"(Phys.org July 20, 2012) A research team at Keio University, led by Associate Professor Tomoharu Oka, has discovered intermediate-mass black hole (IMBH) candidates at the center of the Milky Way Galaxy. It is about 30,000 light-years from the solar system in the direction of Sagittarius. IMBH candidates are considered to be the "seeds" that form and grow massive black holes.
Using radio telescopes, the research team led by Associate Professor Oka has found four “warm, dense (more than 50 degrees Kelvin, more than 10,000 hydrogen molecules per cubic centimeter)” masses of molecular gas at the center of the Milky Way Galaxy. Three of those masses of molecular gas have been expanding. This research suggests that supernova explosions caused the expansion. It is estimated that the largest explosion that occurred in the masses of molecular gas is equivalent to 200 supernova explosions. On the other hand, the age of the gas masses is approximately 60,000 years old. Therefore, it can be inferred that a huge star cluster is buried in one of the gas masses. The mass of the cluster (more than 100,000 times the mass of the sun) is comparable to the largest star cluster found in the Milky Way Galaxy. It is thought that IMBHs are formed within such huge star clusters. Eventually, IMBHs born near the center of the Milky Way Galaxy form/expand into a supermassive black hole at the nucleus of the galaxy.
Many galaxies contain enormous amounts of molecular gas in small areas near their nuclei. Highly condensed molecular gas is a birthplace of lots of stars. Moreover, it is considered to closely relate to activities of galactic nuclei. Therefore, it is important to investigate the physical state and chemical properties of molecular gas at galaxy centers through observation. To obtain detailed observation data, it is best to survey the center of the Milky Way Galaxy in which our solar system exists.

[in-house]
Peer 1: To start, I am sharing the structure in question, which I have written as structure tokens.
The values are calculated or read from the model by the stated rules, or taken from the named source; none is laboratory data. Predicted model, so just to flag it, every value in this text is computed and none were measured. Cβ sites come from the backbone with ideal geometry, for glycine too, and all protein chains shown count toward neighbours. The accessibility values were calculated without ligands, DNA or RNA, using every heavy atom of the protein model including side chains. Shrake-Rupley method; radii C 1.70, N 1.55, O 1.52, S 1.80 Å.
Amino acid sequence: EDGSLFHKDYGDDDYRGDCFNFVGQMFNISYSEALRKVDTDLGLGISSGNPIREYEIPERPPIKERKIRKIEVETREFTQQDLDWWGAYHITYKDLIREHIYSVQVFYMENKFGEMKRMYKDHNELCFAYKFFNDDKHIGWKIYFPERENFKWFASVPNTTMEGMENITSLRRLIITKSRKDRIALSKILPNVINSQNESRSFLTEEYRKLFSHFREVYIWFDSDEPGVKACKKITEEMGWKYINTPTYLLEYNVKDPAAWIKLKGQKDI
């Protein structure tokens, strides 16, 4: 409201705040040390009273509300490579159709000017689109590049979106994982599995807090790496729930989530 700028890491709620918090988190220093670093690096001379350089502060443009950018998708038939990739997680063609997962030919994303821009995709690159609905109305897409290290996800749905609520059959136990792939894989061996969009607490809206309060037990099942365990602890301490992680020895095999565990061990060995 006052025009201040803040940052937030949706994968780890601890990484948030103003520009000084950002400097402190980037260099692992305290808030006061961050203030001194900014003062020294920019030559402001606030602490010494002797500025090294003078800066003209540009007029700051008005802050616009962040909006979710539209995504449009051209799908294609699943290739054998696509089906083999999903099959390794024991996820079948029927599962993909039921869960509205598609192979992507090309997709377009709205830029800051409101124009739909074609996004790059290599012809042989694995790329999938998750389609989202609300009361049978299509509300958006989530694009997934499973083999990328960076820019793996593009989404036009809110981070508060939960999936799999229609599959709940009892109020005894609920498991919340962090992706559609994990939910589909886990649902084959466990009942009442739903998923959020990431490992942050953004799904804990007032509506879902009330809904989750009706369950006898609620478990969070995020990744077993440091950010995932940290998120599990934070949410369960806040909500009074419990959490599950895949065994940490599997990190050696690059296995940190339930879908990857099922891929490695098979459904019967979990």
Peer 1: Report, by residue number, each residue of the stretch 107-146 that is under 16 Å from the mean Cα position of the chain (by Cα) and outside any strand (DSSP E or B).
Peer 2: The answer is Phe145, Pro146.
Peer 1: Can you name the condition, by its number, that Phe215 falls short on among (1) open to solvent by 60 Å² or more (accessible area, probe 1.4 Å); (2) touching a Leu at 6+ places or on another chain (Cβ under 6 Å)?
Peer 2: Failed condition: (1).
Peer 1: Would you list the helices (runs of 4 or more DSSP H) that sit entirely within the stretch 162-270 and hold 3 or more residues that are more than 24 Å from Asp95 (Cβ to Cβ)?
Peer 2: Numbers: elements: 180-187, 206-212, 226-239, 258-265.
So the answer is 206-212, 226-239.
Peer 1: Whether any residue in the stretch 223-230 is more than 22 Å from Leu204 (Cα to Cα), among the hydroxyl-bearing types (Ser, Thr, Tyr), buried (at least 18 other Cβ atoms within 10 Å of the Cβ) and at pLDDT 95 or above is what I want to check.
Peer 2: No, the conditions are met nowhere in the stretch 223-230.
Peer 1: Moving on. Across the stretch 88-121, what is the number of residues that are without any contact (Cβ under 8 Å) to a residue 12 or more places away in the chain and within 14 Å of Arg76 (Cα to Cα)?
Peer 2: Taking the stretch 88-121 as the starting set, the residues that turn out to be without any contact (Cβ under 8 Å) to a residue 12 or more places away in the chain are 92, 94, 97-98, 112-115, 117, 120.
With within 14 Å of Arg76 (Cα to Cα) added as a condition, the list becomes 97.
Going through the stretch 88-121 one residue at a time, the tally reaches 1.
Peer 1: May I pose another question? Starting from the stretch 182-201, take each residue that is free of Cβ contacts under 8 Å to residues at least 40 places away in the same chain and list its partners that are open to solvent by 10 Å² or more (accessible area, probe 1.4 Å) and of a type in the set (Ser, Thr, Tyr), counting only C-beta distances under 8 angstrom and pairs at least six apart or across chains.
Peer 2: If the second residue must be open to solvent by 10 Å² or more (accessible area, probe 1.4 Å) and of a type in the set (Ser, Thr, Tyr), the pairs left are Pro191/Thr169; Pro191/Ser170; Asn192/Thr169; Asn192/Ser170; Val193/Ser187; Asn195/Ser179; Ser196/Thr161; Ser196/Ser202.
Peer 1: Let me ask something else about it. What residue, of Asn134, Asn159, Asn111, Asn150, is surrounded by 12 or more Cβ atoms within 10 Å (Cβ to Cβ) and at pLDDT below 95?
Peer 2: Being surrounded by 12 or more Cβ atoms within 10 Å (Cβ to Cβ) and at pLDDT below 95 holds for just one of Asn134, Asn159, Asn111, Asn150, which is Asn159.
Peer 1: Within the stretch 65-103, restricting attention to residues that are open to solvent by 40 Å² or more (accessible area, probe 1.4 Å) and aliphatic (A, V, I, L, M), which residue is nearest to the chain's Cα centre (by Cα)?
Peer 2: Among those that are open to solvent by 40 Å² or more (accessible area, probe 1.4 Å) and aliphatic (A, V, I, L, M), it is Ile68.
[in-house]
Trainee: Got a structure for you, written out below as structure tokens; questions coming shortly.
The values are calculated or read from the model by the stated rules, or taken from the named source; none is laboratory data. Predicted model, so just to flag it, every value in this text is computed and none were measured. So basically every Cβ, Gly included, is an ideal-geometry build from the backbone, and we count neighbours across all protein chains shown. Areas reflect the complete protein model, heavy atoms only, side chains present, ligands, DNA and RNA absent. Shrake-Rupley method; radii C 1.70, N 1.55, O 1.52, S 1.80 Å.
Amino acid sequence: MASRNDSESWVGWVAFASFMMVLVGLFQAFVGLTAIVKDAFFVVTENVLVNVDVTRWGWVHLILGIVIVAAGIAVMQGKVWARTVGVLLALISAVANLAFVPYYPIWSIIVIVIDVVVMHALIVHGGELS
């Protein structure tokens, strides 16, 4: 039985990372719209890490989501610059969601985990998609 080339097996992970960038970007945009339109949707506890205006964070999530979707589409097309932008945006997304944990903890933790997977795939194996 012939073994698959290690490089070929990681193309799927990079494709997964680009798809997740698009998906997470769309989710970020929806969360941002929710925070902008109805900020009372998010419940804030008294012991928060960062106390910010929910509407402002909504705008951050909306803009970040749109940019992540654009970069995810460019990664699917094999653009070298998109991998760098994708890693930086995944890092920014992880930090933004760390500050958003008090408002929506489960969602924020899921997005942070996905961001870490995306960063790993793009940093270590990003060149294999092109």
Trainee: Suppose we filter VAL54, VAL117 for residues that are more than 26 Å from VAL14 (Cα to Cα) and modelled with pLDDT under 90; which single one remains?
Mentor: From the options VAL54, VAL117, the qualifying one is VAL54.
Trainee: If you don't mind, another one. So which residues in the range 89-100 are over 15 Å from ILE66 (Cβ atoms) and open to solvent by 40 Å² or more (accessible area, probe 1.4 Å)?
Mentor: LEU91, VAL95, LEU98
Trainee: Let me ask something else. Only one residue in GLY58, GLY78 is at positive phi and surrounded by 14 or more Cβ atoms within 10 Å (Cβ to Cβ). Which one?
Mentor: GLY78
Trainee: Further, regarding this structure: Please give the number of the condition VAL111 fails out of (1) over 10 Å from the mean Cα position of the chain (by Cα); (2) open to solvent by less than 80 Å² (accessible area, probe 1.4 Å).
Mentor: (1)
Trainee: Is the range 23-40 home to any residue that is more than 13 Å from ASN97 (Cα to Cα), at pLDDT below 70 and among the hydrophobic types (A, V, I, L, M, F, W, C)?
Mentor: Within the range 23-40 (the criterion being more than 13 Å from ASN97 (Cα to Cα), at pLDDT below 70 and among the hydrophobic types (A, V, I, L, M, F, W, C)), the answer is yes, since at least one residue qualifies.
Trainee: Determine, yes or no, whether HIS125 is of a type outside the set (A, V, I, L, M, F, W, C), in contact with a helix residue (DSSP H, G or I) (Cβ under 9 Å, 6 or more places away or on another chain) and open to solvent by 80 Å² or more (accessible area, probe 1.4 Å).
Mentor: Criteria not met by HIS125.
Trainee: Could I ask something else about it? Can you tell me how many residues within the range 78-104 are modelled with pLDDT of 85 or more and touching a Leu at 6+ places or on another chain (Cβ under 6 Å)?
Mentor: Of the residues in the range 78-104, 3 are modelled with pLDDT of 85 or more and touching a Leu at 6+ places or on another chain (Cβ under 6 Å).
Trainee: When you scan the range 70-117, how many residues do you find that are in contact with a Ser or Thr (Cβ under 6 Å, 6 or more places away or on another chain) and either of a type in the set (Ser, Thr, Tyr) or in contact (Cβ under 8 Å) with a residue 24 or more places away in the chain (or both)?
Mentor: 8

The research team observed emission lines at wavelengths of 0.87 mm, emitted from carbon monoxide molecules in an area of several degrees that includes the center of the Milky Way Galaxy. The ASTE 10 m telescope in the Atacama Desert (4,800 meters above sea level) of Chile was used for observation. More than 250 hours in total were spent on the prolonged observation from 2005 to 2010.
The research team compared this observation data with data of emission lines at wavelengths of 2.6 mm, emitted from carbon monoxide molecules in the same area, which were obtained using the NRO 45m Telescope (Note: 1). When intensity values of emission lines at different wavelengths, emitted from carbon monoxide molecules, are compared, it is possible to estimate temperature and density of molecular gas. In this way, the research team succeeded in drawing detailed distribution maps of “warm, dense” molecular gas of more than 50 degrees Kelvin and more than 10,000 hydrogen molecules per cubic centimeter at the center of the Milky Way Galaxy for the first time ever.
Oka, the research team leader, said, “The results are astonishing.” The “warm, dense” molecular gas in that area is concentrated in four clumps (Sgr A, L=+1.3°, L=–0.4°, L=–1.2°). Moreover, it turns out that these four gas clumps are all moving at a very fast speed of more than 100 km/s. Sgr A, one of the four gas clumps, contains “Sagittarius A*,” the nucleus of the Milky Way Galaxy. Oka added, “The remaining three gas clumps are objects we discovered for the very first time. It is thought that ‘Sagittarius A*’ is the location of a supermassive black hole that is approximately 4 million times the mass of the sun. It can be inferred that the gas clump ‘Sgr A’ has a disk-shaped structure with radius of 25 light-years and revolves around the supermassive black hole at a very fast speed.”
On the other hand, the team found signs of expansion other than rotation in the remaining three gas clumps. This means that the gas clumps, L=+1.3°, L=–0.4°and L=–1.2°, have structures that were formed by supernova explosions that occurred within the gas clumps. The gas clump “L=+1.3°” has the largest amount of expansion energy. Its expanding energy is equivalent to 200 supernova explosions. The age of the gas masses is estimated as approximately 60,000 years old. Therefore, given that the energy source is the supernova explosions, the supernova explosions have continued to occur every 300 years..."